Recognising high-level agent behaviour through observations in data scarce domains
Baxter, Rolf Hugh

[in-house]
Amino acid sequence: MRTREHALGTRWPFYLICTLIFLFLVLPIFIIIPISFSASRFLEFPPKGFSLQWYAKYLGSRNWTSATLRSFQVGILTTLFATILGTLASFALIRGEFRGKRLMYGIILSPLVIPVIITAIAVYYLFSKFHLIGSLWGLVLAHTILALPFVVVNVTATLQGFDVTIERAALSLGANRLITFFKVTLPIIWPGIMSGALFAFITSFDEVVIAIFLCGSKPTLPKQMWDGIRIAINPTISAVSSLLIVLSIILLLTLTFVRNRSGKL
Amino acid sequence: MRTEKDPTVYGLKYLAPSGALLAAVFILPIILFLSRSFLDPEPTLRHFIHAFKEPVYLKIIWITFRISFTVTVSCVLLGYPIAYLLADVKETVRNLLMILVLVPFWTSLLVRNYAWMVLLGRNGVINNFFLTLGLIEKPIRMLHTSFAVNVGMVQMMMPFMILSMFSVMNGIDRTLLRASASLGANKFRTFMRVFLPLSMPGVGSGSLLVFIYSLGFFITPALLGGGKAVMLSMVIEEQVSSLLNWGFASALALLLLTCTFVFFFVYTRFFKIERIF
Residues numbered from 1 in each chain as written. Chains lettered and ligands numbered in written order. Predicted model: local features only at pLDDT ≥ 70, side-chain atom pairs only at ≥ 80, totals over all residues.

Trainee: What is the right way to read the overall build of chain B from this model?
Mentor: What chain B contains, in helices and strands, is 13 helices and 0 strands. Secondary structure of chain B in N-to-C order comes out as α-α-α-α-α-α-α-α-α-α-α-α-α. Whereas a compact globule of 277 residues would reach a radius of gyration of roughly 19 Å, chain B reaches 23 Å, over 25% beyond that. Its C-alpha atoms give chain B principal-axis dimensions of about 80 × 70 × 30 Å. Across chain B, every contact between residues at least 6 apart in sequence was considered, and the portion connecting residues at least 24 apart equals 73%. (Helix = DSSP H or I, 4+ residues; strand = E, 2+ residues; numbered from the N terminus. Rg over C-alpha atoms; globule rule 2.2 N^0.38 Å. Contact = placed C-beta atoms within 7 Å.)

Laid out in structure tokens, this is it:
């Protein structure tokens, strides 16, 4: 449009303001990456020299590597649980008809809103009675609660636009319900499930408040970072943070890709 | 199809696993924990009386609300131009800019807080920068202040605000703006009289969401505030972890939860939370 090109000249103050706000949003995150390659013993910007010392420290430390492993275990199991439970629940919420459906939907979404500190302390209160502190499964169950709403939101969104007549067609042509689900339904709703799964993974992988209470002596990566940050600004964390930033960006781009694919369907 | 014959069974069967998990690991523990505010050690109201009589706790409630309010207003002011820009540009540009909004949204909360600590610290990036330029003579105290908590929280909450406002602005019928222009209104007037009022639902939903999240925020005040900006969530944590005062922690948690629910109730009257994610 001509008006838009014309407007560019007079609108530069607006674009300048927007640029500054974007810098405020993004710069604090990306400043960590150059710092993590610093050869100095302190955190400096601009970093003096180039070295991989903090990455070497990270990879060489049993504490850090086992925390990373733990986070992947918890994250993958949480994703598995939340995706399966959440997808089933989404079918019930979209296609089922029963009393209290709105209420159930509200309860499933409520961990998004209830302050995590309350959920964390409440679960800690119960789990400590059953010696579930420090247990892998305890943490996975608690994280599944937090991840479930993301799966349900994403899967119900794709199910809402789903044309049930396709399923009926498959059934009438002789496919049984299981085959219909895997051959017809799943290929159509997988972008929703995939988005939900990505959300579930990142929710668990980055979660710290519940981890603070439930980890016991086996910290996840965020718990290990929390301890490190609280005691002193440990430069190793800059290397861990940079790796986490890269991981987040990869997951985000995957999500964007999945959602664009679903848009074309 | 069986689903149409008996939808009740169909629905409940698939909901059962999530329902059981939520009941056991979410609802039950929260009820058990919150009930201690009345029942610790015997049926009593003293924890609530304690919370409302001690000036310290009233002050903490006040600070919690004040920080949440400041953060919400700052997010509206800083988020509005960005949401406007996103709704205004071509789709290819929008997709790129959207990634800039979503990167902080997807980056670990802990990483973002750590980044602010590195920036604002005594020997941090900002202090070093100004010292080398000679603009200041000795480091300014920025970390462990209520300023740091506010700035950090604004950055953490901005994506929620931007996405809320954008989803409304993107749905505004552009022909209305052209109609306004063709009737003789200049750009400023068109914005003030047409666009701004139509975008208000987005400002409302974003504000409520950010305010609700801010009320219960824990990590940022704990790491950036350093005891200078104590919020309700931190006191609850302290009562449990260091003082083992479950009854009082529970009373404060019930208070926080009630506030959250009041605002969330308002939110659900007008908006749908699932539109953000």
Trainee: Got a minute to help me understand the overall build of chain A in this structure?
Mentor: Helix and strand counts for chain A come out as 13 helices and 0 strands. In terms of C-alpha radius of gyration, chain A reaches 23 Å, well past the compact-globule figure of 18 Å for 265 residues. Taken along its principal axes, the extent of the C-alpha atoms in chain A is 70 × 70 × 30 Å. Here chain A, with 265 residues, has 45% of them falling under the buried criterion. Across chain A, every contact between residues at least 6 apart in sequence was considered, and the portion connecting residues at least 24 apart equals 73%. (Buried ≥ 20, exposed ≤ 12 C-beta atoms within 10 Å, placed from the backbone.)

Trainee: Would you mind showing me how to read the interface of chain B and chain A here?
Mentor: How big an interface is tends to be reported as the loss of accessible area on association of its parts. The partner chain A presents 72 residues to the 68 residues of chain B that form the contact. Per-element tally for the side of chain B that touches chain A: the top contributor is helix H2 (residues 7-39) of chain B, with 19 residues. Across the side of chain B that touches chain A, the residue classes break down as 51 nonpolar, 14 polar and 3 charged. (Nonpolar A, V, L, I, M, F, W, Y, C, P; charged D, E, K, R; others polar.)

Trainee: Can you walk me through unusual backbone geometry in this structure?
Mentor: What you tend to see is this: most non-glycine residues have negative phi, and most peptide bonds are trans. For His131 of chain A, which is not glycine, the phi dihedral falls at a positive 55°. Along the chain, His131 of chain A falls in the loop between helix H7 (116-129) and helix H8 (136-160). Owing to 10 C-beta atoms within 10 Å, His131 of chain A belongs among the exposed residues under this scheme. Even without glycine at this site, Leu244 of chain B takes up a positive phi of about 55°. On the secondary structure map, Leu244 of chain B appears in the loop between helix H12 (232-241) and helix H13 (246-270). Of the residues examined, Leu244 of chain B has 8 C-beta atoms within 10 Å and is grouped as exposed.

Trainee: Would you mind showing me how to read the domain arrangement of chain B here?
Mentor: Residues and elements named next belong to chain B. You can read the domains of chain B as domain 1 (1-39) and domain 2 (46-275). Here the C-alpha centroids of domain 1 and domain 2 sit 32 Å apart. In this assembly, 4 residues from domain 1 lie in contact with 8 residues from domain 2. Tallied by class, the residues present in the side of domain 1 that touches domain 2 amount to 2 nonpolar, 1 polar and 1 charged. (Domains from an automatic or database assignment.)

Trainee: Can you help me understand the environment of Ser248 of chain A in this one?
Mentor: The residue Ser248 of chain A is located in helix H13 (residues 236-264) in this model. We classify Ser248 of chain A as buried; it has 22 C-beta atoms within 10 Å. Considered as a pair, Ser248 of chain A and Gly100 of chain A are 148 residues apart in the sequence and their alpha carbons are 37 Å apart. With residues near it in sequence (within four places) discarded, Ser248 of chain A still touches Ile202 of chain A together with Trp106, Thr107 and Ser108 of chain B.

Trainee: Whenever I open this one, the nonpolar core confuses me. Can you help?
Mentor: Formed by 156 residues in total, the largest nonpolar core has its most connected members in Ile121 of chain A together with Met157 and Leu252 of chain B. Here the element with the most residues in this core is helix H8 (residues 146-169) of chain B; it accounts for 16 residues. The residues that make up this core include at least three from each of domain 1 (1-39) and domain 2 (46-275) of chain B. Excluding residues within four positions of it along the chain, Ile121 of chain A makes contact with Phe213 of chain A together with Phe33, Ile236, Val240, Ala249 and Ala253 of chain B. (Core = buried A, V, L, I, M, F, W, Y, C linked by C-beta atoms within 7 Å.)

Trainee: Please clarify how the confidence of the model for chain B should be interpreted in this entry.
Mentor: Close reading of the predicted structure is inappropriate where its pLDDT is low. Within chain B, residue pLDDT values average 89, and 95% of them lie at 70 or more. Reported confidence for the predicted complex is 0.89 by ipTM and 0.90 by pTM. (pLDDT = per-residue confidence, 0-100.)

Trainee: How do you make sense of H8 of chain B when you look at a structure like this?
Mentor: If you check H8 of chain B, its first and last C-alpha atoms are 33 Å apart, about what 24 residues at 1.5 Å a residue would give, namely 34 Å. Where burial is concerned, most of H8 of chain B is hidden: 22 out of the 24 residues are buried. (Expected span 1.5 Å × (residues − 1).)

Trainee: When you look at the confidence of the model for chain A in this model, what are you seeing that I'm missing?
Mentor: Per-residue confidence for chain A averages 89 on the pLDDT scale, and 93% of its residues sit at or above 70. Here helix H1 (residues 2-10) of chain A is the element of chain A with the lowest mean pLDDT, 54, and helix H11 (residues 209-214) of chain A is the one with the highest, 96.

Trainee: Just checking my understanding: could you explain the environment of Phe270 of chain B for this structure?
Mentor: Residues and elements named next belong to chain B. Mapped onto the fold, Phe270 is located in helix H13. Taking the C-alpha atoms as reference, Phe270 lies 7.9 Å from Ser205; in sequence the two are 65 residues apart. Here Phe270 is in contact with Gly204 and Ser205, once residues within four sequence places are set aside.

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This thesis presents a novel method for performing multi-agent behaviour recognition without requiring large training corpora. The reduced need for data means that robust probabilistic recognition can be performed within domains where annotated datasets are traditionally unavailable (e.g. surveillance, defence). Human behaviours are composed from sequences of underlying activities that can be used as salient features. We do not assume that the exact temporal ordering of such features is necessary, so can represent behaviours using an unordered “bag-of-features”. A weak temporal ordering is imposed during inference to match behaviours to observations and replaces the learnt model parameters used by competing methods. Our three-tier architecture comprises low-level video tracking, event analysis and high-level inference. High-level inference is performed using a new, cascading extension of the Rao-Blackwellised Particle Filter. Behaviours are recognised at multiple levels of abstraction and can contain a mixture of solo and multiagent behaviour. We validate our framework using the PETS 2006 video surveillance dataset and our own video sequences, in addition to a large corpus of simulated data. We achieve a mean recognition precision of 96.4% on the simulated data and 89.3% on the combined video data. Our “bag-of-features” framework is able to detect when behaviours terminate and accurately explains agent behaviour despite significant quantities of low-level classification errors in the input, and can even detect agents who change their behaviour.